... have not understood, much less responded to the points I made, and then go on to lecture me. ...
I am sorry I did not respond to every point you have made and I will now.
Terms like "user's freedom" and "user's rights" are being bandied about, with absolutely no inkling of what their meaning is, any conceptual grounding or justification for them, neither any effort on the part of their proponents to actually rationally justify their case.
User's freedom and user's rights refer to having the four freedoms I listed. It is very simple to understand. It is rational because users of proprietary software are deprived of these freedoms. There is no better way then referring to those rights as freedoms and it is justified to see them as such.
Apparently, being passioned about an issue is all it takes to elevate it to a moral case.
I am passionate about this issue exactly because it is a moral question. I don't make it a moral question. And I want to help other people to see it, and to the decide for themselves.
How is my freedom being curtailed if I *freely* enter into a contract with a software vendor to buy their product and use it under specified, agreed-upon conditions, e.g. I buy working software but with no access to the underlying source code? What is the argument that ties a user's freedom to use the computer he bought (presumably with no strings attached, other than maybe lack of support if the user chooses some software options rather than others), in having a right to the source code of programs software companies produce?
The fact that you can *freely* sign away your freedom does not mean that your not actually giving up your freedom. I will gave you a more drastic example where people used to singh to have their freedom removed. In the days of the Roman Republic people would sold themselves to slavery to repay their debts. They also *freely* sign away their freedom. Remember that freedom is often taken away from people but sometimes people give up their freedom. Users should have those freedoms so they are in control of their computers rader than the companies that make proprietary software. That includes having access to the source code. You have the freedom to change and repair your own house, and all house appliances. Same freedoms should apply to software. Main reason why users should have access to source code is to check for malicious code and unwanted features and antifeatures, and to be able to remove them.
Do people seriously want to prohibit such contracts to be made, a flagrant violation of freedom of association? And if not, what exactly is the point of all the posturing?
I never said that I want to prohibit such contracts to be made, licenses that are not free software. I don't understand where do you get that. I have never even heard from someone in the free software community to say such things. I am hear to tell people about free softwere and to convince them to not give away their freedom. Not to use proprietary software. That is the piont.
In the more rational times of Aristotle and his medieval Scholastic progenie, a right existed to safeguard the ability of persons to fulfill their God-given *duties*; or in short, rights exist only because, and insofar as, men have real duties, towards themselves, their families, their community, God, etc. But we have done away with God, human nature and any idea of (transcendental) duties, and yet people keep on talking about "rights", these free-floating realities, as if they had any substantial grounding or rational justification -- a grounding or justification that they never bother to give, or as if the underlying assumptions they are working under are self-evident and non-controversial. It is just pathetic.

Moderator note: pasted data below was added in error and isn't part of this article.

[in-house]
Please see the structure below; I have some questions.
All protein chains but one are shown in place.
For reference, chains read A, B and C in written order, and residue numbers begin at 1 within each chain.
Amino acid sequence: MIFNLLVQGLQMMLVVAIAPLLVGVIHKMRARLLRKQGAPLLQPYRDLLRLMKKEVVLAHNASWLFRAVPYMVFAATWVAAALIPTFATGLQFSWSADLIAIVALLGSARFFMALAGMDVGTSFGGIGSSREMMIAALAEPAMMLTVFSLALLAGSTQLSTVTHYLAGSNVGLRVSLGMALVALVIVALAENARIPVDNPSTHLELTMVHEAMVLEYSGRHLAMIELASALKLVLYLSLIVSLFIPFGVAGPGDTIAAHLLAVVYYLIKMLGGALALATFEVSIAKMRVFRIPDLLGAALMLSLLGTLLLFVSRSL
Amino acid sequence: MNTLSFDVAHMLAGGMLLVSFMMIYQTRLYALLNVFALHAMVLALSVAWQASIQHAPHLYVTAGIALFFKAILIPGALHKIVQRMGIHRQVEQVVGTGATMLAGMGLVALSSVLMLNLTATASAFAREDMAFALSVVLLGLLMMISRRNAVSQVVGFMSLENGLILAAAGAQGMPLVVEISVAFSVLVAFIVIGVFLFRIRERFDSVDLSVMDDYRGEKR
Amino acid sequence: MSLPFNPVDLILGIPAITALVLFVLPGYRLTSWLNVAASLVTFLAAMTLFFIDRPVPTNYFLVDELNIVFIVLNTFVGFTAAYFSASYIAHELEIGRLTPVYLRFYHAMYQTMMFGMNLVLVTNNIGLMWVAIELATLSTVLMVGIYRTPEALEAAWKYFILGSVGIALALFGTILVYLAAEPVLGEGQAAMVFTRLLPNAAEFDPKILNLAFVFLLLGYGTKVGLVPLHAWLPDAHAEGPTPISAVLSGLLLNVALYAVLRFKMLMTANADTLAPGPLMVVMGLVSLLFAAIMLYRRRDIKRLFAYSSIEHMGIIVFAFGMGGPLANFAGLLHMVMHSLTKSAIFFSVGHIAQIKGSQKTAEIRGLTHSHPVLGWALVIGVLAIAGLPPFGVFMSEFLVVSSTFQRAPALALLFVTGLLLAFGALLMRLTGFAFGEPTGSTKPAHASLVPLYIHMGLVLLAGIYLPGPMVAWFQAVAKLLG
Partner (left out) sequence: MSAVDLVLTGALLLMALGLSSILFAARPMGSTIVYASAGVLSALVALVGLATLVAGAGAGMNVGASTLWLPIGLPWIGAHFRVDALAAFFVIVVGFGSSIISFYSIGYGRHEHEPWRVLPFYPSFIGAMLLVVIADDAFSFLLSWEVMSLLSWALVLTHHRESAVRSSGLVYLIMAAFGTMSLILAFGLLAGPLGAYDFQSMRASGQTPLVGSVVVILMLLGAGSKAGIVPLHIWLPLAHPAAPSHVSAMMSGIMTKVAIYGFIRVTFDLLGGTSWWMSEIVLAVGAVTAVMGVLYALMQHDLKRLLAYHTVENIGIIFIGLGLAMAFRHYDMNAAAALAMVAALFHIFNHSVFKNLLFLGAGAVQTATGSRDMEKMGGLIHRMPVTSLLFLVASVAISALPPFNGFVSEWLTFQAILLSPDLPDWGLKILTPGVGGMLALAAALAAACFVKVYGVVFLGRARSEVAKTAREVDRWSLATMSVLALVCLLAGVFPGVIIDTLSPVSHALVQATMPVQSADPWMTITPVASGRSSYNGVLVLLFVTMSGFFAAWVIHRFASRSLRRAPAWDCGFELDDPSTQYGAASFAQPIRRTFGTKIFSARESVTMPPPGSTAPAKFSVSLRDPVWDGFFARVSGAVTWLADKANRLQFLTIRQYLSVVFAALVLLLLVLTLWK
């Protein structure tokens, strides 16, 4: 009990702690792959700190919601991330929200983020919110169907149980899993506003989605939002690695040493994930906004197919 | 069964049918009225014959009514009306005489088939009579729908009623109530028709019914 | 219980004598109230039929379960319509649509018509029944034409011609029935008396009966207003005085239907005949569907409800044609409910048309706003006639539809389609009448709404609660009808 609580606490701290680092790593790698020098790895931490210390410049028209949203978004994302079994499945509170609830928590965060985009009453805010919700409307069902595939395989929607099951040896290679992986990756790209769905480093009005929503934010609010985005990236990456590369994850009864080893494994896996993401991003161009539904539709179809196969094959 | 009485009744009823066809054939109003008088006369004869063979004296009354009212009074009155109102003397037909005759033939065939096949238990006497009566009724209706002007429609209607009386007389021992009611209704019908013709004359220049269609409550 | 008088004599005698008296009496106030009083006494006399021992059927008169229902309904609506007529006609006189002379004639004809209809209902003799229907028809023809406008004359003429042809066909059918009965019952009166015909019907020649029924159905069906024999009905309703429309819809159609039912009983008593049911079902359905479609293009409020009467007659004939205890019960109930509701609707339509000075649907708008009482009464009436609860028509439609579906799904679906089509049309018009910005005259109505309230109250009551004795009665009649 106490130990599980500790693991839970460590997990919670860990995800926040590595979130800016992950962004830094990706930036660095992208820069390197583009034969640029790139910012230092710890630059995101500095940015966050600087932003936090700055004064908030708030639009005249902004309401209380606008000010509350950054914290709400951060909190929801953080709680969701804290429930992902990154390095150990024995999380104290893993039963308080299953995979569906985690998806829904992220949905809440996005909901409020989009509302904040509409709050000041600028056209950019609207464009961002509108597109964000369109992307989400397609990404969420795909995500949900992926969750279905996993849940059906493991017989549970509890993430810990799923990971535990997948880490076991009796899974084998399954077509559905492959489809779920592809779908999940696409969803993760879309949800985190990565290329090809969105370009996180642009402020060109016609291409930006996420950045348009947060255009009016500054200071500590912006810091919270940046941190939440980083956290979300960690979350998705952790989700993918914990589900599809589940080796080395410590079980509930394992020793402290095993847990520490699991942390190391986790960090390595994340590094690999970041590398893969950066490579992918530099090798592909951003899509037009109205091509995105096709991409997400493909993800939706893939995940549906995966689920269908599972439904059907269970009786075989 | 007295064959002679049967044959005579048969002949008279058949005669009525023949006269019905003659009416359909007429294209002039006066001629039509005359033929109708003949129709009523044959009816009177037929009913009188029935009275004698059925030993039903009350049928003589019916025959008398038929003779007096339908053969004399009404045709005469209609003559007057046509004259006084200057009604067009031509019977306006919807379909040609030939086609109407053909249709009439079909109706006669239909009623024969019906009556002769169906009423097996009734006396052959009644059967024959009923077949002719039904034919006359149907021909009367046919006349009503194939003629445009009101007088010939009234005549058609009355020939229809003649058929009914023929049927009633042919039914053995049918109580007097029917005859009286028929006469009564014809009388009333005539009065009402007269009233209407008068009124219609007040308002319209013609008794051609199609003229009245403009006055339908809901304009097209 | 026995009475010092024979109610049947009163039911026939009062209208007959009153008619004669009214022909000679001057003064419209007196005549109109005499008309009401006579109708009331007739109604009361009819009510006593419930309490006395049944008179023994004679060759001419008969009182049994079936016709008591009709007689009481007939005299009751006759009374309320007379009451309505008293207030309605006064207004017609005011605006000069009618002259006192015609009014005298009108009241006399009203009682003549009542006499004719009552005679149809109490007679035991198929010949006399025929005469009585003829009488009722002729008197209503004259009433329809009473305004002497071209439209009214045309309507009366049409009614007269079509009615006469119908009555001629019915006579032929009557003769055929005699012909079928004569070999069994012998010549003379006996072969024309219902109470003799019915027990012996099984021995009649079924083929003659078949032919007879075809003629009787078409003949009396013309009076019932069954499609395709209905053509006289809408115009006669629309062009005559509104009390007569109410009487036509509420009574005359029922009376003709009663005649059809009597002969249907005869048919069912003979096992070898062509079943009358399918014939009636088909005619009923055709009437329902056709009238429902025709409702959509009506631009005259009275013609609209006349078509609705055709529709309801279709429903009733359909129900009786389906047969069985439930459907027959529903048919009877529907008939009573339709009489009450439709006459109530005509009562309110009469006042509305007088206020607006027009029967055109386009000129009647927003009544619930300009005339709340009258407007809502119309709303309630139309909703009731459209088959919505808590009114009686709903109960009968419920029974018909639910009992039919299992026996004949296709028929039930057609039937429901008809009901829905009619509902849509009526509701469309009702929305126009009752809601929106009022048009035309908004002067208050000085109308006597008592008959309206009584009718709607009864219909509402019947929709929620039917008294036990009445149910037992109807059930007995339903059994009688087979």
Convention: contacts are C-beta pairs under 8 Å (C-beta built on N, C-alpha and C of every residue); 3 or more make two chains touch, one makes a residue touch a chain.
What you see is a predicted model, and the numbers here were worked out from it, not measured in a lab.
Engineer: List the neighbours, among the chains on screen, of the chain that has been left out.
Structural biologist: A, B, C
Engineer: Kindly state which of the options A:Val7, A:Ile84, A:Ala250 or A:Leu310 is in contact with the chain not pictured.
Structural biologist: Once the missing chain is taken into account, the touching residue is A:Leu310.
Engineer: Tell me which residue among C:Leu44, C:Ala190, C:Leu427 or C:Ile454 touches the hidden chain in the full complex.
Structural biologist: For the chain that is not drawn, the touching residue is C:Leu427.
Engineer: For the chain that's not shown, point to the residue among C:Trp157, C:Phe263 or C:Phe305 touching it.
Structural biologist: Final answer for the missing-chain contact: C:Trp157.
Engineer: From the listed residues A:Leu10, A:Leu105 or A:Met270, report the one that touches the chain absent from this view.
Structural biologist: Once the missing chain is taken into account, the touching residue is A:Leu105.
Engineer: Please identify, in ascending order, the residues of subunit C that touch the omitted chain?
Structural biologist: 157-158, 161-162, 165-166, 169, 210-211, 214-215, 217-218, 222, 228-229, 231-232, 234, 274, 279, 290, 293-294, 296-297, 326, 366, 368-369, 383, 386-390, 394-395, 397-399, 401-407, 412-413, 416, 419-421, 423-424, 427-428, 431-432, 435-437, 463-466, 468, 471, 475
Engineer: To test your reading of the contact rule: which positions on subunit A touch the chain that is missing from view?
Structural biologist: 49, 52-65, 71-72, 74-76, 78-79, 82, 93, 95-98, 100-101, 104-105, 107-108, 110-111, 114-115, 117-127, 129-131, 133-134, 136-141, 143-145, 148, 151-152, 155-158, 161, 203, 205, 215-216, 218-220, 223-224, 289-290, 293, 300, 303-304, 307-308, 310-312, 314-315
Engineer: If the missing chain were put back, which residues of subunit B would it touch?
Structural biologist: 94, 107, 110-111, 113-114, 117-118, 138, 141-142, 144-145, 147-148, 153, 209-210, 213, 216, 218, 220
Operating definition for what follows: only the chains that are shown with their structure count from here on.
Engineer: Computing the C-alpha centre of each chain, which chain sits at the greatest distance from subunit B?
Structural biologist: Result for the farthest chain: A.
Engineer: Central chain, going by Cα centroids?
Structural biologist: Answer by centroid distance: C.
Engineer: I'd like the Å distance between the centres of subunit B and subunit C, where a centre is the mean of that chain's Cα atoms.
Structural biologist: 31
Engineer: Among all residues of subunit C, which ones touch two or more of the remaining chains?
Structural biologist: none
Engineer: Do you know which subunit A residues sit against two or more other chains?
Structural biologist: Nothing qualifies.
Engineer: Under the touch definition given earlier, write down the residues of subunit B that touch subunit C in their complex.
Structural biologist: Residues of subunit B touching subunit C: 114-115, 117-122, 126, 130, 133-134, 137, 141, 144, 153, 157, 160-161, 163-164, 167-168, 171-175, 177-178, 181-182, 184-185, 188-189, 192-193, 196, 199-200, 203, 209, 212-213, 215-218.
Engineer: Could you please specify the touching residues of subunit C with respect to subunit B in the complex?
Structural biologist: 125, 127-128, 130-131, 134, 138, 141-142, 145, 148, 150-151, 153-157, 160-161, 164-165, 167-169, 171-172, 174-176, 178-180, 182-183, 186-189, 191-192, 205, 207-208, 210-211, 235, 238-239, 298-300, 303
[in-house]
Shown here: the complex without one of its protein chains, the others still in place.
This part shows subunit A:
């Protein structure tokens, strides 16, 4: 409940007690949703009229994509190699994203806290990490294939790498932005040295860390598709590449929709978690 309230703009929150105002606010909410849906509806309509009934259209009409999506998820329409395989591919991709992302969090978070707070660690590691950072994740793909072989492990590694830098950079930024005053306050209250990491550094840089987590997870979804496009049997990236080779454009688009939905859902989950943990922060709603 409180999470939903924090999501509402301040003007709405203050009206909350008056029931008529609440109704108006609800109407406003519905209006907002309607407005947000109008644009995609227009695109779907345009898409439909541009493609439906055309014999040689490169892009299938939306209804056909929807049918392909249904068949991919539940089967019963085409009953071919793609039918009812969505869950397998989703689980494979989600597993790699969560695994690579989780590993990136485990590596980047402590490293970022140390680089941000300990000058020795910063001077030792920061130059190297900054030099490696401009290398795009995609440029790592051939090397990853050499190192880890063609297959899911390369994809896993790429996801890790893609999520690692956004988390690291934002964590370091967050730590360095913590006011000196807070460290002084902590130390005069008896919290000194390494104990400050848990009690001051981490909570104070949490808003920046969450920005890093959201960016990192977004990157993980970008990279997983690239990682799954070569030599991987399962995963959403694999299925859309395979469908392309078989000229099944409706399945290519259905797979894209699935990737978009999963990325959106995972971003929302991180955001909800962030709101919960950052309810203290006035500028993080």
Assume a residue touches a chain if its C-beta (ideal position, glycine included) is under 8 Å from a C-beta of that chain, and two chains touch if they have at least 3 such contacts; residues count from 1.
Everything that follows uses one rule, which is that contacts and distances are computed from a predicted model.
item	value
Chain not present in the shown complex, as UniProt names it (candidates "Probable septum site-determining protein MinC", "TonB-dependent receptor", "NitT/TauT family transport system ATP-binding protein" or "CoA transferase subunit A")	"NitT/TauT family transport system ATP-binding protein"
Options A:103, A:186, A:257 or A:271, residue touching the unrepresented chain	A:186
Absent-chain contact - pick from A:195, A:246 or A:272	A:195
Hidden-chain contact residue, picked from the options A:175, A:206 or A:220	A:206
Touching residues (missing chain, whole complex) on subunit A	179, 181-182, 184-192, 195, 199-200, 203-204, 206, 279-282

If I understood you, you are saying that human rights are relativistic? That describes me. The human rights exist on moral grounds and the way they are changing is that their number is growing through history. For example people didn't have the right to sexual orientation and they have now. Before that people did not have the freedom of religion and they do now, and so on. Software is a new thing and now we are campaign for human rights in software world.
And to forestall a certain species of ad hominem, I use arch linux; the only mod I made for Morrowind was released under the most liberal license possible. I made some mods and tools for Dominions 4 and 5 and released them under the same conditions. My work as a mathematician is also free for anyone to peruse. Etc. and etc.
Thank you very much for your contribution. You have my gratitude.
This is undoubtedly a polemical rant; I do not wish to stoke an already burning fire, so unless I find it *really* necessary, I do not plan to say anything more on the issue -- in part, and as a last jab, because as I said there really is not much to respond to.
Well, have fun, this is a party that bores me to death.
You keep saying that but you keep posting with long posts. I see that you have interest in this subject but an opposite view on it.
As I predicted; you presume I know nothing about the subject (have you read Villanueva's letter to Microsoft?), use the word "freedom" glibly without any justification for your particular use and the implications you wish to draw from it, have not understood, much less responded to the points I made, and then go on to lecture me.
I don't think that using the word freedom for software user rights is gullible and it is perfectly justified. I am sorry if I offended you in any way. I did not mean to do it if I have. But you seem hostile towards me. I don't want for us to be enemies.